Understanding community context and adult health changes in China: Development of an urbanicity scale

Jessica C. Jones-Smith, Barry M. Popkin

Research output: Contribution to journalArticle

Abstract

The classification of places as either urban or rural is typically based on an absolute threshold of population and/or population density. However, conceptual definitions of urbanization and urbanicity encompass dimensions beyond solely population size and population density. Multiple important distinguishing urban characteristics beyond population size have been described. The crude classification of places as urban or rural coupled with infrequent updates to this information creates a measure that is prone to misclassification error. An improved measure of urbanicity would draw information from the domains that characterize urban and rural places, would be sensitive to changes over time, and would represent gradations on the continuum from rural to urban environments. The goal of the current study was to develop such a scale from existing data, test whether the scale was reliable and valid, and assess whether it provided information beyond what could be determined from the traditional urban/rural dichotomous variable. We utilized established scaling procedures from the psychometric literature to construct and evaluate a multicomponent scale to measure urban features on a continuum in China. We also provided an example of its potential contribution to health research by examining its relationship with the adult body mass index (BMI). Because the scale was constructed and tested using established scaling procedures and using a wide array of variables, it represents an improvement over previous attempts at such a scale and will provide a reliable and valid measurement tool for researchers in this arena. We demonstrate that the scale predicts the incidence of overweight/obesity populations in China, but it promises to be most useful for other economic, demographic, social welfare, and health outcomes.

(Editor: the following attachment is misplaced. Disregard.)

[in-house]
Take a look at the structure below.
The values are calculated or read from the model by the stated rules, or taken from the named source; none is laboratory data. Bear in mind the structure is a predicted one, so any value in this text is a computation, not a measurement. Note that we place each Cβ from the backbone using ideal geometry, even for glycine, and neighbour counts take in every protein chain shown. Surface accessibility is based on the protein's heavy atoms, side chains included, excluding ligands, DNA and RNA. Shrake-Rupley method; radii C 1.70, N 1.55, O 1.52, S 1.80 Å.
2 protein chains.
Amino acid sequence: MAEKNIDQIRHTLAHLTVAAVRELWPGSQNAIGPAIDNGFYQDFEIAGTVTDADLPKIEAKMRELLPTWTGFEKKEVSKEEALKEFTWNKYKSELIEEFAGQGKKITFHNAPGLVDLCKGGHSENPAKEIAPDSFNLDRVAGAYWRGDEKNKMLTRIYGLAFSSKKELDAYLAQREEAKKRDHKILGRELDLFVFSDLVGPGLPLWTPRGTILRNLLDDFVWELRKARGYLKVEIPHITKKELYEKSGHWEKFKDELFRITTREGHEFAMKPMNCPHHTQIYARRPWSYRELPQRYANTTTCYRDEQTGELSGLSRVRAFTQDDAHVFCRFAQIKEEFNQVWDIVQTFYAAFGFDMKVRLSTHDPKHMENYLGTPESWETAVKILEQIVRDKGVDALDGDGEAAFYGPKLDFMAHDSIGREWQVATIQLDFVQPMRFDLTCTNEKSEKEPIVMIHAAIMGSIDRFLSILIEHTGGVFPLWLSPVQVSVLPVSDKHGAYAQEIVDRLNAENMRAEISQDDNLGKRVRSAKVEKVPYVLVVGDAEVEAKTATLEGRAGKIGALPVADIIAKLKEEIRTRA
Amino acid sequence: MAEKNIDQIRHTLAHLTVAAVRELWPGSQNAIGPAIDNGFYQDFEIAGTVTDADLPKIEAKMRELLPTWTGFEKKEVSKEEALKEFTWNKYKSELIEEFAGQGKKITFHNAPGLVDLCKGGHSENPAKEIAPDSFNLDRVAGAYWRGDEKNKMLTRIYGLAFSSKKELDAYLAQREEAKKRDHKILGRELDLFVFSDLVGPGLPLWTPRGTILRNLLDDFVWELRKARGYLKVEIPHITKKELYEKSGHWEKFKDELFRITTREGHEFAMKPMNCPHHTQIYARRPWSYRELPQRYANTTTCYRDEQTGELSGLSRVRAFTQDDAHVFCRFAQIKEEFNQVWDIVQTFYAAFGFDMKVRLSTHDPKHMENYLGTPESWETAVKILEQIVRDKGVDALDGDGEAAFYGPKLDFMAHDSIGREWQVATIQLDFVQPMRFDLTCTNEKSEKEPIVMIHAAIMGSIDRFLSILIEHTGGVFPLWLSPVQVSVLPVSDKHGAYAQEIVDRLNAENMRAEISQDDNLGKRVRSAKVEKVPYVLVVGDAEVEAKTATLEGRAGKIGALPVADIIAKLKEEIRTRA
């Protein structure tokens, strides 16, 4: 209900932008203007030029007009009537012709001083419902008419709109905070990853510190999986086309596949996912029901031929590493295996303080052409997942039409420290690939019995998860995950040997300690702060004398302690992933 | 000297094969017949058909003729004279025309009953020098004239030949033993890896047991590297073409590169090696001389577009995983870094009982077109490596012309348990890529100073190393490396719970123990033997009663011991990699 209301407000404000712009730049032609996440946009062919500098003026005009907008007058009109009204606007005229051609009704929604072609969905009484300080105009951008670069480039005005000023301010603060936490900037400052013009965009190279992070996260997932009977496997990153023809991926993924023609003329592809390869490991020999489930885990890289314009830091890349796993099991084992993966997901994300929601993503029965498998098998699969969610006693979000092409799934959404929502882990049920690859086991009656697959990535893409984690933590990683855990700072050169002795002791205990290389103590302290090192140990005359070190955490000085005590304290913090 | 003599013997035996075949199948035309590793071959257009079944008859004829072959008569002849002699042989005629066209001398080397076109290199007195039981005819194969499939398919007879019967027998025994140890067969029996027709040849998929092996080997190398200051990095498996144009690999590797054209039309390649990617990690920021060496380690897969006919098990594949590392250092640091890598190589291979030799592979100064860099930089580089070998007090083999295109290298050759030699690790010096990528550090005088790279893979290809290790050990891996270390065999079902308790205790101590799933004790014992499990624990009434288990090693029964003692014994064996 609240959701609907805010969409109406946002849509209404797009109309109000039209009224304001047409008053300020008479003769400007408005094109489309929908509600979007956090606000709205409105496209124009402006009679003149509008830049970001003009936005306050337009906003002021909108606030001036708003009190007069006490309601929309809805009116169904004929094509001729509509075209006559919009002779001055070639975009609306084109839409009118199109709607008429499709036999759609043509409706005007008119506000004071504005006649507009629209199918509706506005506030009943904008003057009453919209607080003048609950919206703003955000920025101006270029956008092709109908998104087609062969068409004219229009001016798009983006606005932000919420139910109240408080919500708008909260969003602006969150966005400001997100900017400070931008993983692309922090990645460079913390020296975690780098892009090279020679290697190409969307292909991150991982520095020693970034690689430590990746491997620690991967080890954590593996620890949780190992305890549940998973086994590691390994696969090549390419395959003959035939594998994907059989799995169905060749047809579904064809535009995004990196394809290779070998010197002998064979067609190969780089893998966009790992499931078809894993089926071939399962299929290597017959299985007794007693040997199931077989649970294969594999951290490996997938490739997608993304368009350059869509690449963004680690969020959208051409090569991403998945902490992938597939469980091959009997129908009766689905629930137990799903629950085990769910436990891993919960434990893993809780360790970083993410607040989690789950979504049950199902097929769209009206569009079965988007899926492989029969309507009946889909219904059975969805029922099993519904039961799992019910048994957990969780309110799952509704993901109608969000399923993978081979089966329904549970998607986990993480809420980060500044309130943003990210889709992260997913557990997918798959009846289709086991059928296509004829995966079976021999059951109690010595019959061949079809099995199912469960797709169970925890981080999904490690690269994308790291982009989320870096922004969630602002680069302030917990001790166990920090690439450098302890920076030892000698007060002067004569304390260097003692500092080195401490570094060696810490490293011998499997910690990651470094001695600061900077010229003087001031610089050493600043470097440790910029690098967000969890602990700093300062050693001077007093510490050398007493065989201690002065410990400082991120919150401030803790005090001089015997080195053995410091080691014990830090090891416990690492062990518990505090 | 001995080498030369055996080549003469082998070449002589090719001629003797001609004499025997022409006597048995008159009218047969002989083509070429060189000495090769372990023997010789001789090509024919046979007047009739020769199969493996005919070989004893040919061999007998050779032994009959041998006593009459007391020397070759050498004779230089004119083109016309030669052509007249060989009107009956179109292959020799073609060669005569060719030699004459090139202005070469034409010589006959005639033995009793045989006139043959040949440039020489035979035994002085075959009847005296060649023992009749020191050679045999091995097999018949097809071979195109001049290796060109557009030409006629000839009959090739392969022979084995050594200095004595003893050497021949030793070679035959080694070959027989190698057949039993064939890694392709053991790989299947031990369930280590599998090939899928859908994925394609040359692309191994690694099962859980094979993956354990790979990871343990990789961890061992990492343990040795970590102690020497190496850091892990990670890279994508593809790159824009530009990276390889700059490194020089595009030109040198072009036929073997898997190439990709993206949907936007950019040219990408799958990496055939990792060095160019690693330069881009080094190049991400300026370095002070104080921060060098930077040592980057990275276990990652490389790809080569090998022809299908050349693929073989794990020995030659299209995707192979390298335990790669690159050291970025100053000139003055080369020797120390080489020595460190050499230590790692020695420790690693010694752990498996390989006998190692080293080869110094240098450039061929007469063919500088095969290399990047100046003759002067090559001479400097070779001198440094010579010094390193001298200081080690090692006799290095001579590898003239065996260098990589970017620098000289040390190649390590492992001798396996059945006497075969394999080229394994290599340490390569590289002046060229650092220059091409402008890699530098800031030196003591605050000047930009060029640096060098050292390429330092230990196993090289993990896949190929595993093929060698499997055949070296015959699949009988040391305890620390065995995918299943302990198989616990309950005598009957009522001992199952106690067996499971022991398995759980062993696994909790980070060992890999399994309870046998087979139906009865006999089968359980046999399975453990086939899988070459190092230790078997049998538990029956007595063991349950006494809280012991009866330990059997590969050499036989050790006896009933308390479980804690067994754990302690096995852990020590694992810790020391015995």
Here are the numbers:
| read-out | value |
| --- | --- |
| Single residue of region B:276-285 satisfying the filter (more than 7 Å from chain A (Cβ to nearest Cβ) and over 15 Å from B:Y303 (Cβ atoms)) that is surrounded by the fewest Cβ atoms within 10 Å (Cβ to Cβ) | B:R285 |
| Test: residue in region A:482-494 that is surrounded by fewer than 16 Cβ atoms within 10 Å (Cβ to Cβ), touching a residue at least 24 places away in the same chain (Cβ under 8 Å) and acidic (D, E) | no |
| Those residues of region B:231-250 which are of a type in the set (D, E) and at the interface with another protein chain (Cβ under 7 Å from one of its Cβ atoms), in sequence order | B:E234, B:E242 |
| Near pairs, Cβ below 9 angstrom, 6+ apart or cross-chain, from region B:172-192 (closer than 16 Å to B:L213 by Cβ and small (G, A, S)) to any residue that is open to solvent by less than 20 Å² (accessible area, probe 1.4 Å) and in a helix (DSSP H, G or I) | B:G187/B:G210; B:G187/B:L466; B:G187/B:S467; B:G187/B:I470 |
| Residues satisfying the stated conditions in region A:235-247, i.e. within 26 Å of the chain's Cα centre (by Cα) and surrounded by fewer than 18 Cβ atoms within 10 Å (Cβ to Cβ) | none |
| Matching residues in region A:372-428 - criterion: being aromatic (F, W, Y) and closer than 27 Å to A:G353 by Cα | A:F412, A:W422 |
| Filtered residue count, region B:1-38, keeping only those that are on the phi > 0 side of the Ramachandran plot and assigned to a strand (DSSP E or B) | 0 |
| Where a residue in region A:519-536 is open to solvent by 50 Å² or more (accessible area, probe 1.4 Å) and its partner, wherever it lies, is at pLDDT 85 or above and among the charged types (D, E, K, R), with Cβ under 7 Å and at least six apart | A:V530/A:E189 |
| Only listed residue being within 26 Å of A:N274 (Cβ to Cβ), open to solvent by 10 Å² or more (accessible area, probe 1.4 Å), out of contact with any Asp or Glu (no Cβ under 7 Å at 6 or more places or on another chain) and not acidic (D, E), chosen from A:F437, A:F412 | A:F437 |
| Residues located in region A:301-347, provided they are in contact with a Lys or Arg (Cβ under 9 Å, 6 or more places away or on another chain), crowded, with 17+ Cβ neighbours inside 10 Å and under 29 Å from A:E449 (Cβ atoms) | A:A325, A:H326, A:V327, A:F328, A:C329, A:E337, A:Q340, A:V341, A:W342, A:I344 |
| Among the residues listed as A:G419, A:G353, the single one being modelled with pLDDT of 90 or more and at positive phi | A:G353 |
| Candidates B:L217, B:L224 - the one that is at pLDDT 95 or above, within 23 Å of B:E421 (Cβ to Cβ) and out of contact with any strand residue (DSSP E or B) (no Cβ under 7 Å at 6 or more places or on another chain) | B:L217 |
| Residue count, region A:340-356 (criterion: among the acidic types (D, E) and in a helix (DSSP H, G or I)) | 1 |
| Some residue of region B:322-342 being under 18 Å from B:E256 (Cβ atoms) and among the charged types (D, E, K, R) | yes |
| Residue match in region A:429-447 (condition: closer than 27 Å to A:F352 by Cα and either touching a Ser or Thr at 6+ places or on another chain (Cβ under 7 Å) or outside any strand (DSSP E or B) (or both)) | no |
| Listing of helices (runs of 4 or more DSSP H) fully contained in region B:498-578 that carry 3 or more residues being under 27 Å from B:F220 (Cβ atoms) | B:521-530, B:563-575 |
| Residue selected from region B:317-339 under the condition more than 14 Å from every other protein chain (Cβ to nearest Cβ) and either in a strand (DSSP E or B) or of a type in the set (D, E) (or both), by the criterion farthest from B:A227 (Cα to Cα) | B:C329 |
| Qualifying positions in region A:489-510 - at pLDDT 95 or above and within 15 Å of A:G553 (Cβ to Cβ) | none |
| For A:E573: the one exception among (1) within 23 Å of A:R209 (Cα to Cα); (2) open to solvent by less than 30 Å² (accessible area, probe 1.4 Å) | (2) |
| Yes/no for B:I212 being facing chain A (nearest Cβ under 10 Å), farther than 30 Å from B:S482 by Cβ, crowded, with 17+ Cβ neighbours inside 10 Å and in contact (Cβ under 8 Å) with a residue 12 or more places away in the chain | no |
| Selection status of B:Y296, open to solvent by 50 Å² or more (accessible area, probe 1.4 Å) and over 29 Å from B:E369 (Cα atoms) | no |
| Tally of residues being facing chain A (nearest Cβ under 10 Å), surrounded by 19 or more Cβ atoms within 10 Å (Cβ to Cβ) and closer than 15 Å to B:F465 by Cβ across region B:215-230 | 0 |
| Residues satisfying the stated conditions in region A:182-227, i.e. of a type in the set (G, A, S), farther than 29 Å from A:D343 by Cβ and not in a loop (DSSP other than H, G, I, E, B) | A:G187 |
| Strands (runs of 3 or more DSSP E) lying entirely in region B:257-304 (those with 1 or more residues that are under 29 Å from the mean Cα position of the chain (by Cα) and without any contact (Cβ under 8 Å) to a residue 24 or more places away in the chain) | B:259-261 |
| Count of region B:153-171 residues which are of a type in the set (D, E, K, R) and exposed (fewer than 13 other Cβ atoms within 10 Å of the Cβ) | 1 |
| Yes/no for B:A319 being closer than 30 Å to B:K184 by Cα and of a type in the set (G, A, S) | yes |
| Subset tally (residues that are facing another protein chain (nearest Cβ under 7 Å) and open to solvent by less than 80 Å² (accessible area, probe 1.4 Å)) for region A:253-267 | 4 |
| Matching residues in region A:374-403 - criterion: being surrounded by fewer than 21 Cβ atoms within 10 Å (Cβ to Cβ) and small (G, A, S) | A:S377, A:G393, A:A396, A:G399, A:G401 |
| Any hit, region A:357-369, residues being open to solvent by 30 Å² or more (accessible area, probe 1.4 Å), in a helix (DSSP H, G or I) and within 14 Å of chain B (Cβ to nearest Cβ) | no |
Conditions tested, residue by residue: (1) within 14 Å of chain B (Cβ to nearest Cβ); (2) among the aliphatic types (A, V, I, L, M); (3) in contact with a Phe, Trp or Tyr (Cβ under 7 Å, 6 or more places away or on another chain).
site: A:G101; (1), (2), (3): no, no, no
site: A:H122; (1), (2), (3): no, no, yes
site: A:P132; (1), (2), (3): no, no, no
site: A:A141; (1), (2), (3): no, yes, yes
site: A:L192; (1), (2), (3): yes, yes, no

Original languageEnglish (US)
Pages (from-to)1436-1446
Number of pages11
JournalSocial Science and Medicine
Volume71
Issue number8
DOIs
Publication statusPublished - Oct 2010
Externally publishedYes

    Fingerprint

Keywords

  • BMI
  • China
  • China health and nutrition survey
  • Methodology
  • Obesity
  • Overweight
  • Urban/rural
  • Urbanicity scale

ASJC Scopus subject areas

  • Health(social science)
  • Medicine(all)

Cite this